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Tuesday, April 04, 2006

Sometimes we read books

Here at Blogging the Renaissance, it's not all funny stories about teaching, puns on penis and vagina, and snark about conferences. Sometimes we actually do research and sometimes we keep up with work in our field. And now, through the magics of the internets, you can keep up right along with us. We're starting an occasional reading group (very occasional if other obligations like teaching, committees, and of course blogging, get in the way), in which we pick a book and set a date by which we'll have read it, and then we'll post about it. Radical idea, we know. If you want to read the book and join in the commenting fun, so much the better. We'll be thrilled. If not, well, we'll just talk to each other, as we do so often here. We're not proud.

As with our conference reports, you'll be able to find our reading history in the sidebar, for all the future archival historians out there. And for all the authors in our field who are constantly Googling themselves (lock the bathroom door).

For our first book, we're deciding among:
Why are we deciding among these? No real reason. People are talking about political theology a lot, and we all liked Halpern's first book. If you look at the dates on them, you can see how well we've been keeping up with work in our field. Hence the reading group. So those are the options. Feel free to chime in with your choice. Or we'll just pick one. Read along with us. It'll be fun. Just like when you were in kindergarten and the preznit read you My Pet Goat, or as we like to call it, Reading Mastery Level 2, Storybook 1 (1997).

  • At 4/04/2006 12:45:00 PM, Blogger Hieronimo wrote…

    Shuger would be my first choice, then Halpern, then Lupton.


  • At 4/04/2006 03:57:00 PM, Blogger Greenwit wrote…

    I vote Halpern (shocking) then Lupton, then Shuger.


  • At 4/04/2006 09:04:00 PM, Blogger La Lecturess wrote…

    I'd love to play along at home, whatever book you decide on--although I'm embarrassed by how unsuccessful I seem to be at finishing works that aren't immediately relevant to something I'm working on.

    For nothing it's worth, my ordering preference would be Shuger, Lupton, Halpern.


  • At 4/05/2006 10:24:00 AM, Blogger Simplicius wrote…

    I'll be happy with whatever we choose, but I'll second Truewit's ordering: Halpern, Lupton, then Shuger.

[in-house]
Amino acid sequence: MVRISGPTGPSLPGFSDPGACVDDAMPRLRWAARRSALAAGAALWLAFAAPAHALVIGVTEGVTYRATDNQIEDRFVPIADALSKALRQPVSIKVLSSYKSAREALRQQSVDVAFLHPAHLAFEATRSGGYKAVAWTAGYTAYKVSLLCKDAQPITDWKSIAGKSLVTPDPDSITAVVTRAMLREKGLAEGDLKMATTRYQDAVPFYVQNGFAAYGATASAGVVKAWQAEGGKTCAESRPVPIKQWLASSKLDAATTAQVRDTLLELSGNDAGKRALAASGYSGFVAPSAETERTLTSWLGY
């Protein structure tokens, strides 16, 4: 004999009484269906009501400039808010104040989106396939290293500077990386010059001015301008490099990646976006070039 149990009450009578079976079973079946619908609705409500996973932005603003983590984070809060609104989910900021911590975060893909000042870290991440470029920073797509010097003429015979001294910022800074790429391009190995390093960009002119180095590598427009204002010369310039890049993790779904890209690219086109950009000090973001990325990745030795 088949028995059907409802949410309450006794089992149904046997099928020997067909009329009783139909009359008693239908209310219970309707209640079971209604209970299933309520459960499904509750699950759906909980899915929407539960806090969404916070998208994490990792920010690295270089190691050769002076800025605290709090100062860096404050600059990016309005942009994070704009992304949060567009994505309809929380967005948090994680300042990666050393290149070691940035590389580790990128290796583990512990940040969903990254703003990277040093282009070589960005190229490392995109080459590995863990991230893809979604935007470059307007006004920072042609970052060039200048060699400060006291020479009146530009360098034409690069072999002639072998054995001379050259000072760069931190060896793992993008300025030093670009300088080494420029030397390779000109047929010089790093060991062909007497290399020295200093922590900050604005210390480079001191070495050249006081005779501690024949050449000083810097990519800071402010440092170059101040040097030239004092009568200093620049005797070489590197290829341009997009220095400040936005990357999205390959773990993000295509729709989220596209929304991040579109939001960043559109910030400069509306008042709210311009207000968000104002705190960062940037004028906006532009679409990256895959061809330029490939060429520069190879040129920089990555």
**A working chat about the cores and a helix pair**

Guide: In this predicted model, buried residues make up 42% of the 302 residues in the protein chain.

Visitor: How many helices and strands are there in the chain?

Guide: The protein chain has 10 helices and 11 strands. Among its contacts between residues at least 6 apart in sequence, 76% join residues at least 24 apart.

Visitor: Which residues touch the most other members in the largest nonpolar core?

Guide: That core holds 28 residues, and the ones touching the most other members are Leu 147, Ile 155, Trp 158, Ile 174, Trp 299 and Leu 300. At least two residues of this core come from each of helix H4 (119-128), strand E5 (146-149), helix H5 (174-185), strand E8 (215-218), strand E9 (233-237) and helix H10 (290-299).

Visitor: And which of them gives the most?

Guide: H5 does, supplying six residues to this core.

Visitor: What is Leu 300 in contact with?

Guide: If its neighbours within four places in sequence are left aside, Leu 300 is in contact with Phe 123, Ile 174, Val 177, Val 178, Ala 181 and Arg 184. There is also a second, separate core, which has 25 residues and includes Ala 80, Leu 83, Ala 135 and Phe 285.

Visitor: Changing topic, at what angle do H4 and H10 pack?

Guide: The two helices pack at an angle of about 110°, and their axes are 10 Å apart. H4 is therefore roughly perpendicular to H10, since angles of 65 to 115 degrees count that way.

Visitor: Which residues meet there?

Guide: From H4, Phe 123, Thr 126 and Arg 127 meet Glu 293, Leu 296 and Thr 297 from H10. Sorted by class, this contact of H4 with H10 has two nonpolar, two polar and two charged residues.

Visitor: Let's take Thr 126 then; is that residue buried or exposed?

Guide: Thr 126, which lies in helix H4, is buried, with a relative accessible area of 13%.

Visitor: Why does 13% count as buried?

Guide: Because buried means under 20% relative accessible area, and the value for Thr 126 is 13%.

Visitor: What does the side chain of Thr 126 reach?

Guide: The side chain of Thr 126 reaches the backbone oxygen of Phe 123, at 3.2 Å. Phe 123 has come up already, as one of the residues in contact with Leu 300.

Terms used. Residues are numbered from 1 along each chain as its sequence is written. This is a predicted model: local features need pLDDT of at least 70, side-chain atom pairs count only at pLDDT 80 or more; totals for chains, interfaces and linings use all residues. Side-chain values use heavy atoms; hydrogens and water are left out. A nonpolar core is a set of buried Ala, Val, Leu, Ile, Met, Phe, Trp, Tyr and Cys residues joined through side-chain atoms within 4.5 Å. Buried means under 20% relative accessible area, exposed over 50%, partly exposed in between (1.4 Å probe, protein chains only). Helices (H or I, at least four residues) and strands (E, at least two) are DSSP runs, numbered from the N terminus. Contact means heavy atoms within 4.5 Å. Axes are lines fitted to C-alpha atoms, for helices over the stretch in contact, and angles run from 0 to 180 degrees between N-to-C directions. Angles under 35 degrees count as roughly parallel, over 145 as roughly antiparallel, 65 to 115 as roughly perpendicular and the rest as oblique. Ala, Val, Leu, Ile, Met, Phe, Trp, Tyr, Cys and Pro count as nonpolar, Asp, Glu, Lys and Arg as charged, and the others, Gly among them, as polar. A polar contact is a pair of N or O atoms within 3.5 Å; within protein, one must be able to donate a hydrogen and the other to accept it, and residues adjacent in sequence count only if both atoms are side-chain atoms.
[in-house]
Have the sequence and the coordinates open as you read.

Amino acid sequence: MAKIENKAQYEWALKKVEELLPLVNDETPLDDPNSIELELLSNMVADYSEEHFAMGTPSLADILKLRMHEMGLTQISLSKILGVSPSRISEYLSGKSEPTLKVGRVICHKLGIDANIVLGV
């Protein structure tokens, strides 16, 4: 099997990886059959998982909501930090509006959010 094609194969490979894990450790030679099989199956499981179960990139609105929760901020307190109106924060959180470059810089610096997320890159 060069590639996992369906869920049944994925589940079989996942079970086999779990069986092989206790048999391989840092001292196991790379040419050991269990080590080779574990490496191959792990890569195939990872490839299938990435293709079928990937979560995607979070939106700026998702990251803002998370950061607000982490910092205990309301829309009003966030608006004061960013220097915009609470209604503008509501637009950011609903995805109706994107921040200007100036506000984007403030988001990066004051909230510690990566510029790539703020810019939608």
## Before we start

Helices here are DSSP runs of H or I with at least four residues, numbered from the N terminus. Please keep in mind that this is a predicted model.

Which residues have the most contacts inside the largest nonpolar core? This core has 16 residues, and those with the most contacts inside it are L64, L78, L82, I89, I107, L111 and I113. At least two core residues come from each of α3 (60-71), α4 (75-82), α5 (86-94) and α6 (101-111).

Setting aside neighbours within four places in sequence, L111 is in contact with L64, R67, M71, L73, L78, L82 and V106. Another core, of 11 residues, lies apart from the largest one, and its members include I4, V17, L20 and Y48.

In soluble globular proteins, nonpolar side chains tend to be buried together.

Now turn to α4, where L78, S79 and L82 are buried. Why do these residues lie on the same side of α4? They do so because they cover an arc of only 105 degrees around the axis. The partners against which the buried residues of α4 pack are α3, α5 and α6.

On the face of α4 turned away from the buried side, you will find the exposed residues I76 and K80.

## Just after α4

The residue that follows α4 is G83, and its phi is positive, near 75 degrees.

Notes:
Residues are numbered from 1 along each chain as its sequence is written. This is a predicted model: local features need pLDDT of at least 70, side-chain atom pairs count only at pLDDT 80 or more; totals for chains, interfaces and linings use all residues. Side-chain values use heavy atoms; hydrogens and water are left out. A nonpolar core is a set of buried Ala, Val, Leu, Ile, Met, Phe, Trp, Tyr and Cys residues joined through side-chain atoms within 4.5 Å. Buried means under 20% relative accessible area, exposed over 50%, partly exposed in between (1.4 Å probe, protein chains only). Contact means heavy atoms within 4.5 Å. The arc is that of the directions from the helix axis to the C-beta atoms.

• At 4/05/2006 12:57:00 PM, Blogger Inkhorn wrote…

    Well, I would be happy to read any of them, but my ordering would be Lupton, Shuger, Halpern. What's our deadline on this? It looks like it's going to be Shuger -- and wouldn't you know it, that's the one State U's library doesn't have, for some reason.


  • At 4/05/2006 03:23:00 PM, Blogger Hieronimo wrote…

    So, awarding points on a 3, 2, 1 basis, so far by my count we have:

    Shuger 10
    Halpern 10
    Lupton 10

    Uh oh. Let's see if anyone else wants to play the home game.


  • At 4/07/2006 10:46:00 AM, Blogger Simplicius wrote…

    As we discussed last night, I'd be happy to begin with Shuger. Not only is it on a play I'll be teaching again next year, but it's short (about 140pp.). I'll also be reading Halpern at some point this summer--it'll be useful for my teaching next year and it's on a topic I'm increasingly curious about, trends in twentieth-century Shakespearean criticism, of all things--so maybe others will want to read along then.


  • At 4/07/2006 11:39:00 AM, Blogger Hieronimo wrote…

    Agreed. Let's start with Shuger. It's the page length that really appeals to me. But I still want to read Halpern too, and it's on a very different subject (Lupton is on a similar subject, so might be good for reading on one's own after Shuger). We could tentatively schedule Halpern in for our next reading.

    Can we agree to read Shuger by circa May 1?


  • At 4/07/2006 12:32:00 PM, Blogger La Lecturess wrote…

    Great by me, although all my reading may happen between the end of my classes on April 28 and May 1.


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